Sweet alyssum complements bold upright flowers.
The clusters of tiny, white, four-petaled flowers cover sweet alyssum (Lobularia maritima) during the cool days of spring until early summer and may flower again in fall and winter. A tender perennial, the species plant and its cultivars are often grown as annual flowers outside U.S. Department of Agriculture plant hardiness zones 9 through 11. Alyssums reseed prolifically; deadhead and trim them regularly to refresh the plants and prevent the seeds from scattering and filling the garden with volunteer seedlings.
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About Sweet Alyssum
A member of the Brassicaceae family, also called the mustard or cabbage family, sweet alyssum prefers cool temperatures to produce its prolific flowers. Often planted as an annual low-growing border plant or ground cover, alyssum grows best in full sun and partial shade. While established plants can tolerate dry soils, they grow and flower better when they receive at least 1 to 2 inches of water weekly.
In addition to the white-flowering alyssums, there are a number of cultivars that produce flowers ranging from pink to apricot to purple and all the shades in between. In some states, particularly along the West Coast, alyssum has escaped gardens and has invaded the coastal dunes, meadows and wetlands. However, some cultivars are sterile, so worries about alyssum's invasiveness become moot when planting 'Snow Princess' or other non-seed-setting varieties.
Taking Safety Precautions
Before digging in the garden bed and when preparing to deadhead or trim your alyssum plants, put on gloves, safety goggles and other protective gear. Also sterilize your cutting tools by dipping the blades in rubbing alcohol or full-strength Lysol or Pine-Sol. While a 10 percent chlorine bleach solution is good for disinfecting plastic, ceramic and terra-cotta containers, avoid using bleach to sterilize metal cutting tools because it will corrode the blades.
Planting Sweet Alyssum
Prepare a sunny or partially shady, well-drained garden bed by digging in 2 to 3 inches of compost as soon as the soil can be worked in spring or in late summer for flowers in mild winter climates. Alyssum prefers a well-drained soil; if the site is heavy clay or boggy, consider installing raised beds or using containers. Water to moisten the soil and then plant seeds by pressing gently onto the soil. Don't cover the seeds; they need light to germinate.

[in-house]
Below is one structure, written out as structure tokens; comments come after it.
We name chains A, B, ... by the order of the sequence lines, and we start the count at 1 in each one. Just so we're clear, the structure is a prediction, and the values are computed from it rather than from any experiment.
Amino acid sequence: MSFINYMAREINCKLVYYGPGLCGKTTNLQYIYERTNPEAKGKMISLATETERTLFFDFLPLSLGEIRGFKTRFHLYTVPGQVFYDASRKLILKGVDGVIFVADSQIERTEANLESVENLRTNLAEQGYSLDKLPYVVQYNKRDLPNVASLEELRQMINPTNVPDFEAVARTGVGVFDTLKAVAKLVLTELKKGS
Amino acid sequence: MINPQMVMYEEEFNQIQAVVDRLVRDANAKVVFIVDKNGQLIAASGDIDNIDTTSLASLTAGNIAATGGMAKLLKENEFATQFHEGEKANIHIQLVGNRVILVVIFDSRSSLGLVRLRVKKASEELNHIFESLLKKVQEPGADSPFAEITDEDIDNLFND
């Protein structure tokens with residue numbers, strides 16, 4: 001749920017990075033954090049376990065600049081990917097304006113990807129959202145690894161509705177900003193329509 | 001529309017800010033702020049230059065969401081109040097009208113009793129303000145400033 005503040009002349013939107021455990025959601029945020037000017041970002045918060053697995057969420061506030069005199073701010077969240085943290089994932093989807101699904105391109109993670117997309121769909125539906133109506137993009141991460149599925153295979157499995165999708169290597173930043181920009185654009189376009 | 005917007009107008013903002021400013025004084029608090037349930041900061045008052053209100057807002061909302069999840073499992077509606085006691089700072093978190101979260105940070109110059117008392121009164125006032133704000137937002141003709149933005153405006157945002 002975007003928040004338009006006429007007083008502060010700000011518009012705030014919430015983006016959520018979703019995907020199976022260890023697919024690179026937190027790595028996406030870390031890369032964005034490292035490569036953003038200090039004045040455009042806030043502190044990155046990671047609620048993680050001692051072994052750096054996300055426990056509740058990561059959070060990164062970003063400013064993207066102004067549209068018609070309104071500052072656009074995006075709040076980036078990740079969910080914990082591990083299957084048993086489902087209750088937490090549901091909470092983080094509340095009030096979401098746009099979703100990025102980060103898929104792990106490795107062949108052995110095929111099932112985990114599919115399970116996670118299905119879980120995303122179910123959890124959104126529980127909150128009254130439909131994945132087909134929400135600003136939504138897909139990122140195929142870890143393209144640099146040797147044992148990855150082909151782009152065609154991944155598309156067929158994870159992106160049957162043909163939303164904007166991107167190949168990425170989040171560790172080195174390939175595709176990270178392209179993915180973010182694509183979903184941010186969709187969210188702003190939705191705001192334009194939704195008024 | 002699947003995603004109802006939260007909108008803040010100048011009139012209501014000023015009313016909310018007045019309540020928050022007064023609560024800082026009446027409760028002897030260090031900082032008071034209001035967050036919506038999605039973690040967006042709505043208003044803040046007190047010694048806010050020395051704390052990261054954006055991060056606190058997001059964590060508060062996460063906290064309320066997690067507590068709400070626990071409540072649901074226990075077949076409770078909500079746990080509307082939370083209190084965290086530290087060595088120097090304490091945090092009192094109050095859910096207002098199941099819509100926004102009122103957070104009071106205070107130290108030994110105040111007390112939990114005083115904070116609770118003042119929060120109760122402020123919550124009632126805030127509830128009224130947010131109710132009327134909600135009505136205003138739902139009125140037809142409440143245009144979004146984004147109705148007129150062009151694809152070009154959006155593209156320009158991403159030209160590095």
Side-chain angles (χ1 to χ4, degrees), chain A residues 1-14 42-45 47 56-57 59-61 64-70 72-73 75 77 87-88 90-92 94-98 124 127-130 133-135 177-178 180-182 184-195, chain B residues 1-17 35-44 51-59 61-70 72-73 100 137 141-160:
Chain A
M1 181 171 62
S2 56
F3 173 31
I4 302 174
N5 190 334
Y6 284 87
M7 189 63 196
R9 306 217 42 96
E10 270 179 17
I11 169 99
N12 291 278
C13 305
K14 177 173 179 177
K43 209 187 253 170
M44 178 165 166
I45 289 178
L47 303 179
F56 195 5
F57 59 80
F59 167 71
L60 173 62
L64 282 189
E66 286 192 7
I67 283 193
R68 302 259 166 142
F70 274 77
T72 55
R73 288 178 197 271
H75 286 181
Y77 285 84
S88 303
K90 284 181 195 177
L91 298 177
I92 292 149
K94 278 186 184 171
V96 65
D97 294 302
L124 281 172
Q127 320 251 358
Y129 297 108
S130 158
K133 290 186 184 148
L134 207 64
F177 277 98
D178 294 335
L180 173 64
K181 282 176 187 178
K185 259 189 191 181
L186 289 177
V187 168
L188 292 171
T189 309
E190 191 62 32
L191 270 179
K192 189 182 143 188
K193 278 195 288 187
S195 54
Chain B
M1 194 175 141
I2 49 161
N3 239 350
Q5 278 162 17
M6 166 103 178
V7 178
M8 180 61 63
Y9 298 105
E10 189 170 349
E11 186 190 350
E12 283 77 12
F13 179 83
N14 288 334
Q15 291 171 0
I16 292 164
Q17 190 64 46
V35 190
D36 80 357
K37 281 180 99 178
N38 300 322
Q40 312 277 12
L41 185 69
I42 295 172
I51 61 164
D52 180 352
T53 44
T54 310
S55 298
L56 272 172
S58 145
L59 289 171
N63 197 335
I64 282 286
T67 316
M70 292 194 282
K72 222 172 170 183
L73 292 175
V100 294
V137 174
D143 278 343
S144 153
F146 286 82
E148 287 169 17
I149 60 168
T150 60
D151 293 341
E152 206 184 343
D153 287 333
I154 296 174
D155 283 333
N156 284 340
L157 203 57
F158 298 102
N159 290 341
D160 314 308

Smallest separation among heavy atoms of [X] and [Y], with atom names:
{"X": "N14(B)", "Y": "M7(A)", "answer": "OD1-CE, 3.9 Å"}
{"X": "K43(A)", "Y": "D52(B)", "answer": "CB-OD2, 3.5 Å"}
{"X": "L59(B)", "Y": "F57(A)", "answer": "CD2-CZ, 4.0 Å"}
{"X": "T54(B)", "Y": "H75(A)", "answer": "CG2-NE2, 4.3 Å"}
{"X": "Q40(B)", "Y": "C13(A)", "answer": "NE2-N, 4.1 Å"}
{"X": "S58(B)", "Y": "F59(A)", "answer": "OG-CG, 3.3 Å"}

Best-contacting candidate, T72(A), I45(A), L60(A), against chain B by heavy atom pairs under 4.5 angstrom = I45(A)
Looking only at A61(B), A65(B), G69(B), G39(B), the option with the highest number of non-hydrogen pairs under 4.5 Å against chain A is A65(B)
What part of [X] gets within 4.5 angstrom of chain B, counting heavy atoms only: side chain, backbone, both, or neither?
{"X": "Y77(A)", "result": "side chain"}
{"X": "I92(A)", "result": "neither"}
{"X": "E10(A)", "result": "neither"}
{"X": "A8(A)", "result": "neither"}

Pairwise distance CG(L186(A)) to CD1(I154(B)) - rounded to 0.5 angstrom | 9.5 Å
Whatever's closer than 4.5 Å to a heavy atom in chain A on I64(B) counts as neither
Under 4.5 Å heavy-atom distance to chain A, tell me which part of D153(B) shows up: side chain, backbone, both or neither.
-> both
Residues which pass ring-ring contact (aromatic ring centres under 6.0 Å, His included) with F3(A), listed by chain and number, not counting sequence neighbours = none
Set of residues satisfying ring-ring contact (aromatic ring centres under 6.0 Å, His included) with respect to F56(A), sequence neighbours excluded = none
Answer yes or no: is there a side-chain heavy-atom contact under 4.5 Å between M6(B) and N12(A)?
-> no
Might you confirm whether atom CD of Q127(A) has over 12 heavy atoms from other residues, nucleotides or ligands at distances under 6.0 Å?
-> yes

Alternatively, plant the seeds in seed-starting trays or peat or other biodegradable pots five or six weeks before the last frost date in your area. Moisten the potting mix and press the seeds onto the mix. Keep the soil or potting mix evenly moist until the seeds germinate, generally in eight to 14 days when temperatures are between 55 and 70 degrees Fahrenheit.
Keep the seedlings at 50 to 55 degrees at night before planting in the garden. Space the plants 6 to 8 inches apart. Water weekly or biweekly when the weather warms up. The plants grow into flower-covered mounds that spread into a matted covering over the soil.
Pruning Alyssum Back
While alyssum blooms from spring to fall in cooler summer climates, hot temperatures make the plants go dormant. Approximately four weeks after the first flowers appear, use pruning shears and cut the plants back by one-half. If you don't want the plants to reseed, deadhead the flowers as they begin to fade or plant a sterile cultivar. In late summer and fall, the plants bloom again and often continue blooming until frost arrives.
Fertilize lightly with a balanced, slow-release fertilizer and water thoroughly. Alternatively, spread compost amid the plants and water it in to provide a slow infusion of organic nutrients. Potted alyssum requires monthly feedings with a liquid fertilizer applied according to the package directions.